Dr. Bissera Zankova, Media 21 Foundation, Bulgaria
Created in 2008 by several organisations, government representatives and experts, the European Dialogue on Internet Governance (EuroDIG) has gained significant popularity on a European and global scale. EuroDEG aims to present, as open multi-stakeholder platform, an exchange of views about the Internet and its governance for fostering dialogue and collaboration within the Internet community. Every year an annual Eurodig conference takes place in a different European city. EuroDIG ‘Messages’ are then presented to feed into the Internet Governance Forum (IGF).
From 19 to 21 June 2019, Eurodig took place in The Hague under the motto “Cooperating in the digital age”. It was hosted by the Ministry of Economic Affairs and Climate Policy of the Netherlands in cooperation with ECP – Netherlands Platform for the Information Society, the Municipality of The Hague and SIDN – the .nl domain registry. A pre-event Youth Dialogue on Internet Governance, uniting young people for an inclusive and people centred Internet, preceded the Eurodig forum.
During the opening session, it was stressed that the UN Declaration of human rights has not lost its importance and that cooperation has become a key word nowadays. This year Eurodig relied on eight hundred registrations, which is proof of its growing worldwide reputation.
Mona Keijzer, State Secretary for Economic Affairs and Climate Policy, emphasizedin her welcoming address, that the sea has taught the Dutch to work together in the fight against water and to maintain world’s oceans as a free space for everyone to travel and trade. The same applies to Internet today, which should be kept open, free and secure. The Dutch culture of liberty and hospitality was graciously all around. We could taste national specialities in the coffee breaks when informal talks were most intensive. Organizers have also used the famous Delft tiles pattern for the cards disseminated among participants with the text “No one owns the Internet, we all do”.
The lightening talk “The Technological Edge in 2030: What role for technology in society?” and the following session on global Internet governance treated the theme of the acceptable models of regulation that would not impair free and seamless net. It was a forward looking discussion, analyzing the roles of stakeholders in a technologically saturated environment. Speakers admitted that today we witness business models of regulation, but these models are a dumping ground. People need Internet oriented regulators serving as platforms for the engagement of governments and other stakeholders. Governments will not be redundant but keep a role in the future as societies need a comprehensive vision to move ahead. However, the biggest threat comes not from governments but from private companies. An alarming prediction is that by 2030 a digital divide among people, companies and administration will be a reality. That is why stakeholders should work hard in order for digital discrepancies to be reduced. In a nutshell, digital future needs to pursue a new perspective related to effective regulation, platform regulation and “cracking on giants”.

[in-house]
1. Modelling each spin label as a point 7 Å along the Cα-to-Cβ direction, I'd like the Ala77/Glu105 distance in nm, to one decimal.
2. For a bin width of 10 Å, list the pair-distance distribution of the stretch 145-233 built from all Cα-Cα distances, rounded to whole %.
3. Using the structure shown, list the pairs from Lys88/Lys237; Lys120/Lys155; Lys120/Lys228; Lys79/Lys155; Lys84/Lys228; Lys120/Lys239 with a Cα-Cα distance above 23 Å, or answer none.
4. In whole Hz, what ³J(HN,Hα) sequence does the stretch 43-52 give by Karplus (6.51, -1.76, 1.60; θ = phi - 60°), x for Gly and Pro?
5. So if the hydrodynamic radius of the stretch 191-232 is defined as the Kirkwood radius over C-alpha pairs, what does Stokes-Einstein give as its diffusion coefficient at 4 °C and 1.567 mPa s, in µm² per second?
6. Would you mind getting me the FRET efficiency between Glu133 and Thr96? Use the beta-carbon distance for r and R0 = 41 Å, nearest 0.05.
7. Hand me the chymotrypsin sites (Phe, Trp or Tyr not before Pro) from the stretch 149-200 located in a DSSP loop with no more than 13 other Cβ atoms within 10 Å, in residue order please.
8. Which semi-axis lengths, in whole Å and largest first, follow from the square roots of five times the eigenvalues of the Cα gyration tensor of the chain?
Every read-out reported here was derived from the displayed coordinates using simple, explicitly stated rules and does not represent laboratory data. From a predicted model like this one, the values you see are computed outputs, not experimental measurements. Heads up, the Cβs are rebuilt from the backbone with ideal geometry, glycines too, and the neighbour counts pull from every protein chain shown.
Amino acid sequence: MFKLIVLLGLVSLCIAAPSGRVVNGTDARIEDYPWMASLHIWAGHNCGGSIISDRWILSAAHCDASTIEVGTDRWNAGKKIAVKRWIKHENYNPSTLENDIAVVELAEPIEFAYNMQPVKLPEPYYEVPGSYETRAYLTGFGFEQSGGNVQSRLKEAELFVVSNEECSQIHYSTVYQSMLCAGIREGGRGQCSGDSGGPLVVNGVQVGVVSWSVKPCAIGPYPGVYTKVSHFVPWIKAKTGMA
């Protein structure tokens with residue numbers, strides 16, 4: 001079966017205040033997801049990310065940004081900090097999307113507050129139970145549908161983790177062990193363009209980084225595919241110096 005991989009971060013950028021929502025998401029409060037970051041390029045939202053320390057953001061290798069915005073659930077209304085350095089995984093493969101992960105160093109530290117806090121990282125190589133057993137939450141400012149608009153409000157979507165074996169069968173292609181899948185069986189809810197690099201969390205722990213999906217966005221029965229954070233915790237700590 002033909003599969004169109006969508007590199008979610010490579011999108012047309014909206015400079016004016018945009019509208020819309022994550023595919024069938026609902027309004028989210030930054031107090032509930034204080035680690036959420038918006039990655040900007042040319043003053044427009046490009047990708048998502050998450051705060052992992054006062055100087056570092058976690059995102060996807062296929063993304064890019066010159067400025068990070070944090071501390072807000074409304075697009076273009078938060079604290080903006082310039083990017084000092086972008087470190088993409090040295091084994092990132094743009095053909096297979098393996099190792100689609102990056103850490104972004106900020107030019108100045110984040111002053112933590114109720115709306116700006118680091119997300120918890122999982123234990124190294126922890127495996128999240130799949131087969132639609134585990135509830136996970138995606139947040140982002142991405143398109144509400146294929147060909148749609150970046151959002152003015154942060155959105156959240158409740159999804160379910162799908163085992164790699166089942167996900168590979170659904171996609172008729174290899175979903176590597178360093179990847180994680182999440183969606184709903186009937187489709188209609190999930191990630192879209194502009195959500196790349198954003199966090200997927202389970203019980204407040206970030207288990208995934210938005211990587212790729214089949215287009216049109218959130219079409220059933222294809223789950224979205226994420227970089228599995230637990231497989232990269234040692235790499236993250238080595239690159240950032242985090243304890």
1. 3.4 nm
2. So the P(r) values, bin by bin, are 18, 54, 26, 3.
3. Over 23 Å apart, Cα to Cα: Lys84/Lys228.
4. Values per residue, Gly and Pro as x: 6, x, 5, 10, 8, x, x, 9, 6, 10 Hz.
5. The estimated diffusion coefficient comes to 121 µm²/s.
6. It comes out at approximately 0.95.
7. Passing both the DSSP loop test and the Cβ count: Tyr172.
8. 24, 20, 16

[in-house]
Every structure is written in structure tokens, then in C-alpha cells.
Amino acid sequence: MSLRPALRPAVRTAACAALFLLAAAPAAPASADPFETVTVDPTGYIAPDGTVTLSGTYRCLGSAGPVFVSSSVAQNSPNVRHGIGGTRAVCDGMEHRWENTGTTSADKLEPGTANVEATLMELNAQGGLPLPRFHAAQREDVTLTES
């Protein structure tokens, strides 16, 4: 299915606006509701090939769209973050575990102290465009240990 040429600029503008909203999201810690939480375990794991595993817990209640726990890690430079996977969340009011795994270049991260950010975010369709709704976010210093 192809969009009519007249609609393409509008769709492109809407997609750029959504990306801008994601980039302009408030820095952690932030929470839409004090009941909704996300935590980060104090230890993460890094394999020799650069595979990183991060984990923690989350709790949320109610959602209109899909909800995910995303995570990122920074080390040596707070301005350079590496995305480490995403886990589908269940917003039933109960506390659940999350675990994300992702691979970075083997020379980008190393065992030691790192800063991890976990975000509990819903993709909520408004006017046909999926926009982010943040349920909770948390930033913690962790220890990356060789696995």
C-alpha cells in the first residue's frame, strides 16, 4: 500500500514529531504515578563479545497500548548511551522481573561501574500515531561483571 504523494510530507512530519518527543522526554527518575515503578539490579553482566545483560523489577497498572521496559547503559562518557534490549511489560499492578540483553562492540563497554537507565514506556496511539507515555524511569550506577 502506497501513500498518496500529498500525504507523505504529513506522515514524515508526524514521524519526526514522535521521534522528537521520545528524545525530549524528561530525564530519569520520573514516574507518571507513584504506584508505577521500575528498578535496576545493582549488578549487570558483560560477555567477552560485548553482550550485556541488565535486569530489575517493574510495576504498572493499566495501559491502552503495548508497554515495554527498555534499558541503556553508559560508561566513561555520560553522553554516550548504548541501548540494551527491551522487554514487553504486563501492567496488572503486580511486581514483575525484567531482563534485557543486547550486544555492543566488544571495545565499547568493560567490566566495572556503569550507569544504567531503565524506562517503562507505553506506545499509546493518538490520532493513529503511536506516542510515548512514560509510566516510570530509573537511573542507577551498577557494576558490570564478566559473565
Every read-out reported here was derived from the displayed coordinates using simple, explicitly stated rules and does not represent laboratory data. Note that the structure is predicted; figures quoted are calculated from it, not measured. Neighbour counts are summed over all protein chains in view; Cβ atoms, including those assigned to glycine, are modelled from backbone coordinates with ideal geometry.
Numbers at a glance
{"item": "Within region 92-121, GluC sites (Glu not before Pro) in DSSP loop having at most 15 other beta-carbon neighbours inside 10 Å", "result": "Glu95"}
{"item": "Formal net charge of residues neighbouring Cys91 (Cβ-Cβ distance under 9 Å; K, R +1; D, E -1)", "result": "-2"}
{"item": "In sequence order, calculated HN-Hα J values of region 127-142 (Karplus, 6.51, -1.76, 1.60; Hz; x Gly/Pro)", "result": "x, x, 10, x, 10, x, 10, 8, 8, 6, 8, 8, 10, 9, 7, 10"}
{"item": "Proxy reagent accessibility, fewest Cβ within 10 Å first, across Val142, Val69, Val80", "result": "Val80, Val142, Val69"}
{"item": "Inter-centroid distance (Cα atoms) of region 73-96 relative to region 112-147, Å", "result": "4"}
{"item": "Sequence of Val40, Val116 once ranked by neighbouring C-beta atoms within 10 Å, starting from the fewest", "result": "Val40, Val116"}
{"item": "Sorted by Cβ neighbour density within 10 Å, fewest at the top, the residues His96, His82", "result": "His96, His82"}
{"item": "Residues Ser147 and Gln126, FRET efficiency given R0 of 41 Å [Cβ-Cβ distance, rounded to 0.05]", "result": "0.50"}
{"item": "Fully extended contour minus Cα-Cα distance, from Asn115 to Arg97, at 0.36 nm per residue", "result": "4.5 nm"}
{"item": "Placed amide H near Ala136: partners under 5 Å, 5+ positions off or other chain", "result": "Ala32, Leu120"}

The European Commissioner for Digital Economy and Society, Ms. Mariya Gabriel, was the highlight of the first day discussions. Welcomed with great interest her speech did not disappoint Eurodig participants. Gabriel stressed that fourteen years after the first World Summit on Information Society and the Tunis agenda in 2005, we enter “a new phase where a synthesis is possible between historical oppositions, opposition between the multi-stakeholder model and the multilateral approach, between bottom up and top down, and between a purely market-based approach and state intervention. …. a synthesis that’s not only possible but also much needed.” Digital has now become mainstream and has permeated all aspects of societies. Increasingly, the development of Internet is raising fundamental political and ethical issues about human agency, trust, inclusion, fairness, sustainability, as well as possible mental health problems linked to digital addiction. This is in addition to the management of the core Internet resources and infrastructure.”